Monaco is a special place. Whenever you think of Formula 1, you also think of Monaco. It’s a privilege to drive a Formula 1 car around the streets there, and I’m very excited to do it again this year. I really like the location, all the boats in the harbour, the sea sparkling in the sun and the atmosphere. Everything about it makes it so incredible.

How will you approach the weekend?

It’s been a while since I’ve raced in Monaco, back in 2018, which is the same for Fernando actually. I think it’ll take us a little bit of time to get back up to speed and find the limits during practice. It’s the most challenging circuit of the year for a driver. You have to be on it and have confidence in the car. We head there this year on the back of two good performances – especially in qualifying – in Portugal and Spain, which shows how our car has clearly improved.

What are your main assessments of the upgraded A521 at recent races?

We’re continuing to develop the car and make improvements and, as a driver, that’s good news. Spain showed what we’re capable of achieving, but it also showed what we can do to find more. Our race pace needs to be stronger if we’re to capitalise on our qualifying performances. That said, qualifying is so important in Monaco and we’ll be aiming to qualify as high up the grid as possible in order to be in that mix for big points.

Fernando Alonso

Fernando Alonso is set to return to the adrenaline pumping streets of Monte Carlo this weekend for his seventeenth appearance in Formula 1 racing around the tight and twisty, yacht-lined circuit.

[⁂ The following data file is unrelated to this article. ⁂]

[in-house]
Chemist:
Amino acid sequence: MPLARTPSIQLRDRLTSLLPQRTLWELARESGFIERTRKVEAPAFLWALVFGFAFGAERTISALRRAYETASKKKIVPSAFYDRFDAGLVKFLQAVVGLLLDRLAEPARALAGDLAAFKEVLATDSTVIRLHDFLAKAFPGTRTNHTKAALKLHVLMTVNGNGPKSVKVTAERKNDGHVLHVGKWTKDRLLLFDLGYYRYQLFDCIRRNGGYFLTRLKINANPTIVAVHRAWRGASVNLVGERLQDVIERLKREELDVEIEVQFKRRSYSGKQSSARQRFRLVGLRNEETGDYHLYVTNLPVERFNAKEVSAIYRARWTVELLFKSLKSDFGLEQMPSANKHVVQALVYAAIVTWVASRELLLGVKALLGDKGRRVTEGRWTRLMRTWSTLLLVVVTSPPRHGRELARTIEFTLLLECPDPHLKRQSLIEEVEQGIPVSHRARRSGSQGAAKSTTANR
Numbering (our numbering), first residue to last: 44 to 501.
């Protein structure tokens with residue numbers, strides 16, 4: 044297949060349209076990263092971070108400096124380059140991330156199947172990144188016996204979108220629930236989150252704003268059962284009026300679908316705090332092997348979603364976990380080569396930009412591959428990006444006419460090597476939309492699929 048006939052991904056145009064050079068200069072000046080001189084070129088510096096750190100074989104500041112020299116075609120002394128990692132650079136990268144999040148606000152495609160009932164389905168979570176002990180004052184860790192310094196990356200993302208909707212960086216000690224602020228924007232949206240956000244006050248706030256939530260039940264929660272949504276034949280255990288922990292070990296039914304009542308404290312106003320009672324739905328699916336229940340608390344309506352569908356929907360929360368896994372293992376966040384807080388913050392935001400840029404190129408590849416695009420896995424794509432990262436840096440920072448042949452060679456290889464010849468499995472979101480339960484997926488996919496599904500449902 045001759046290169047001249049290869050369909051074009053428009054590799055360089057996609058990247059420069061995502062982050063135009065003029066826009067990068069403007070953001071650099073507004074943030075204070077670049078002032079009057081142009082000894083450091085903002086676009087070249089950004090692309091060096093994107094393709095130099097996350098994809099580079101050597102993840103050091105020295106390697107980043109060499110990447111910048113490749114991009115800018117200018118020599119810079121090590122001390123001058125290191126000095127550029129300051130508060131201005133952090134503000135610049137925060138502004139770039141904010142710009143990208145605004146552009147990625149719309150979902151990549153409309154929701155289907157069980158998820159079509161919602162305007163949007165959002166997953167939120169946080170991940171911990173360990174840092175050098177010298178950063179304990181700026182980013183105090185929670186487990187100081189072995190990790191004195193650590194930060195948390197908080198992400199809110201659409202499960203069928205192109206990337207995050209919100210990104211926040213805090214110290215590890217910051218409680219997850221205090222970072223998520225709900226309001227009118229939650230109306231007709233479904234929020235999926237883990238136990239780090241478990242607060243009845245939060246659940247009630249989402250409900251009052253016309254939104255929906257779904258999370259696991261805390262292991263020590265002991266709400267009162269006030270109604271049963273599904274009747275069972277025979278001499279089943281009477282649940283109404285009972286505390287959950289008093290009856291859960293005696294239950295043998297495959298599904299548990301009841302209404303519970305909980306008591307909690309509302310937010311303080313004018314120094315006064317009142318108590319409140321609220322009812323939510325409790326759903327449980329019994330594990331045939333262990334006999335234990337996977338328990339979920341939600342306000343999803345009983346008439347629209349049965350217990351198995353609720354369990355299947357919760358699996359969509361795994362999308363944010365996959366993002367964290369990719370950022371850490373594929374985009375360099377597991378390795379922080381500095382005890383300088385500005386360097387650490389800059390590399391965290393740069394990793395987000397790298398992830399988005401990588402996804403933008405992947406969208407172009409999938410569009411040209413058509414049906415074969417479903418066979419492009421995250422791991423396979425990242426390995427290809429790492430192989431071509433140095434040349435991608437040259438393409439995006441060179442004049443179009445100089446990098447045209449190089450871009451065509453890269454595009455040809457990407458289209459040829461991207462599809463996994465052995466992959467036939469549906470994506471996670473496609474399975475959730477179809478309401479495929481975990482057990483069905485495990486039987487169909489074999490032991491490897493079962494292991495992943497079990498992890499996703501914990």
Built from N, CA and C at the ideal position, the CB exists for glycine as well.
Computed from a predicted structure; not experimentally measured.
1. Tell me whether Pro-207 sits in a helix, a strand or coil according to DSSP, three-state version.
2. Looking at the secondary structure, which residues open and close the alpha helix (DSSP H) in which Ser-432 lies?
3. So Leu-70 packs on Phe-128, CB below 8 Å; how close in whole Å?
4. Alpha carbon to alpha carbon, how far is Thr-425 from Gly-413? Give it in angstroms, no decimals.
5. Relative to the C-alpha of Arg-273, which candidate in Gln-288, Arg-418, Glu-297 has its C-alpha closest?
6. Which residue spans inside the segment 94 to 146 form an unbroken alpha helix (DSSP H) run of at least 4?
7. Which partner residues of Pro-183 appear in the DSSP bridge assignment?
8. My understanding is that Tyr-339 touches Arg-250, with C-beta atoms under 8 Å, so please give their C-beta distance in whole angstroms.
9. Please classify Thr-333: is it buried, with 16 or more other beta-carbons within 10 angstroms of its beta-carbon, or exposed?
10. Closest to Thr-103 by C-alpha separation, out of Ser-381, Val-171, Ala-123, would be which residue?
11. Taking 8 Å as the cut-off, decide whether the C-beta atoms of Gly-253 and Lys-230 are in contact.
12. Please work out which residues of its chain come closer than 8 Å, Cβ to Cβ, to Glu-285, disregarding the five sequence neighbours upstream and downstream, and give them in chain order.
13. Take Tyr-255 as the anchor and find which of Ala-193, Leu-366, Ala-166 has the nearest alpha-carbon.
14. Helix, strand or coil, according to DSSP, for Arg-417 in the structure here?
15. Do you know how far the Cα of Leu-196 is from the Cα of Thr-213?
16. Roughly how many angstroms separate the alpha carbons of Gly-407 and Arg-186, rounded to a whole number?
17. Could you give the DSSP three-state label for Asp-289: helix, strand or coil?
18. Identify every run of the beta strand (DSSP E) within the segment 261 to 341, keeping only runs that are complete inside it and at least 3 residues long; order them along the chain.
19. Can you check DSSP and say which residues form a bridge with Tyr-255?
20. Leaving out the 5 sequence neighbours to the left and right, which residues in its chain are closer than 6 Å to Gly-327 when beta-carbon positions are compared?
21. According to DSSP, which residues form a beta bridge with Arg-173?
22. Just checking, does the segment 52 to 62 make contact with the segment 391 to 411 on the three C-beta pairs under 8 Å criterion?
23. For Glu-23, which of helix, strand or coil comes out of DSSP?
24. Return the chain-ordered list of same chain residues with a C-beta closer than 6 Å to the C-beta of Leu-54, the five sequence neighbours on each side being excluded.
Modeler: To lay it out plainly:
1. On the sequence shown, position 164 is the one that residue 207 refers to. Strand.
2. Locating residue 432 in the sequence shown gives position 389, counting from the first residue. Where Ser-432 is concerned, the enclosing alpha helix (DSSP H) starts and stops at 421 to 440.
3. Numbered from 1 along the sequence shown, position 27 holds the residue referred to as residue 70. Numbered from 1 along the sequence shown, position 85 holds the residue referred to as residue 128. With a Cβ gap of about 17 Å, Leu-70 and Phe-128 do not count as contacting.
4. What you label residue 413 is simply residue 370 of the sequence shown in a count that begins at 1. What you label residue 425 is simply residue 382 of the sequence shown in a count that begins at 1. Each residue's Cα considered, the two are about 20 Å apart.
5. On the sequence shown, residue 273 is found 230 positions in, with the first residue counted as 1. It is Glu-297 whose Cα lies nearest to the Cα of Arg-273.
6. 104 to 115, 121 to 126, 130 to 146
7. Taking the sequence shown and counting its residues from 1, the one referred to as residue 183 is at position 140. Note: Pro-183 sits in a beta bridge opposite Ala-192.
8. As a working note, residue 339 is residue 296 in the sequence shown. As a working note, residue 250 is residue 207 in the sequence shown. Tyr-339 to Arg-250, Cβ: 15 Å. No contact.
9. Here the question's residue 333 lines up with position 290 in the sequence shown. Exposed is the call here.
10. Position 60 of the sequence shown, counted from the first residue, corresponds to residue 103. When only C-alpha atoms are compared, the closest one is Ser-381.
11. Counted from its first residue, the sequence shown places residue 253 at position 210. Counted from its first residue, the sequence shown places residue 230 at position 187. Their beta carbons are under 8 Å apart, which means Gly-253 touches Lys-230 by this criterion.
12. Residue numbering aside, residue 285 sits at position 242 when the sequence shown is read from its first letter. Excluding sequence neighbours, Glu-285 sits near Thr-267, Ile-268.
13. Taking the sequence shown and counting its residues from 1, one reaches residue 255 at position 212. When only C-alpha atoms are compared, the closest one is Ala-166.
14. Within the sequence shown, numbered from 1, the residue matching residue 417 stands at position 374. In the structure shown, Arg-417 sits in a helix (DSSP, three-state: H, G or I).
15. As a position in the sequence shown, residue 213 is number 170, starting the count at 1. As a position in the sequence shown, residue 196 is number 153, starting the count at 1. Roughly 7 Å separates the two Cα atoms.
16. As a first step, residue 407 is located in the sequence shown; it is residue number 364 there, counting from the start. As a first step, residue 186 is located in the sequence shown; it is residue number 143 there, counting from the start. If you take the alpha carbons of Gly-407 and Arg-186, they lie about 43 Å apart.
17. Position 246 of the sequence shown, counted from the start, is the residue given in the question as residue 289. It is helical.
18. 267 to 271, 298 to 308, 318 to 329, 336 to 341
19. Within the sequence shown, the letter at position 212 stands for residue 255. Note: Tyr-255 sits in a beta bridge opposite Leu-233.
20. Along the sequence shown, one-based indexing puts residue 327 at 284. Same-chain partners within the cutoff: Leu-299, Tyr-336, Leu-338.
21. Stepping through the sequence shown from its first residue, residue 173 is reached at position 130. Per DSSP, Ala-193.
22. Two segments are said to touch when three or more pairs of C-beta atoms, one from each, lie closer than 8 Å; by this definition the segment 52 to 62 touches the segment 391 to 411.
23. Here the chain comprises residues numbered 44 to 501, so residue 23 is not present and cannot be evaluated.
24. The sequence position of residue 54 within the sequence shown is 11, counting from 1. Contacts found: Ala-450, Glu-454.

How do you feel ahead of your return to the Monaco Grand Prix?

There really isn’t a race like it and I’m looking forward to being there again this weekend. I’ve had two wins at Monaco in Formula 1 and I enjoy the strategic element of Sundays here. Qualifying will be very important, just as it was in Spain, so we need to work on maximising our one lap potential to make sure both cars do well on Saturday. Traffic management will also be key here. I’m looking forward to getting back to business this weekend.

How do you look back on the mixed result in Spain that saw you nearly pull off the one stop strategy?

We gambled and it didn’t work out for us. Now we’ve had time to analyse the race and look over the data, the one stop strategy was probably too optimistic. Starting in tenth position on a circuit that is very hard to overtake on meant we had to try something different, so it was worth a go. Nevertheless, the weekend as a whole was positive. Our car performance seemed to carry over from Portugal, which shows our developments have worked. We arrive in Monaco feeling positive.

What is special about the Monaco Grand Prix?

It’s a very challenging circuit and with the barriers either side of you for the entire lap is a constant reminder you can’t make a mistake. You have to concentrate so hard for the entire race distance. But this is what we live for as a Formula 1 driver and I enjoy that thrill you have with the sharp turns and bumps at every corner. The set-up around this circuit is also unique in that it can’t really be compared to any other track. There aren’t many straights and the corners require a car to be tuned with maximum downforce.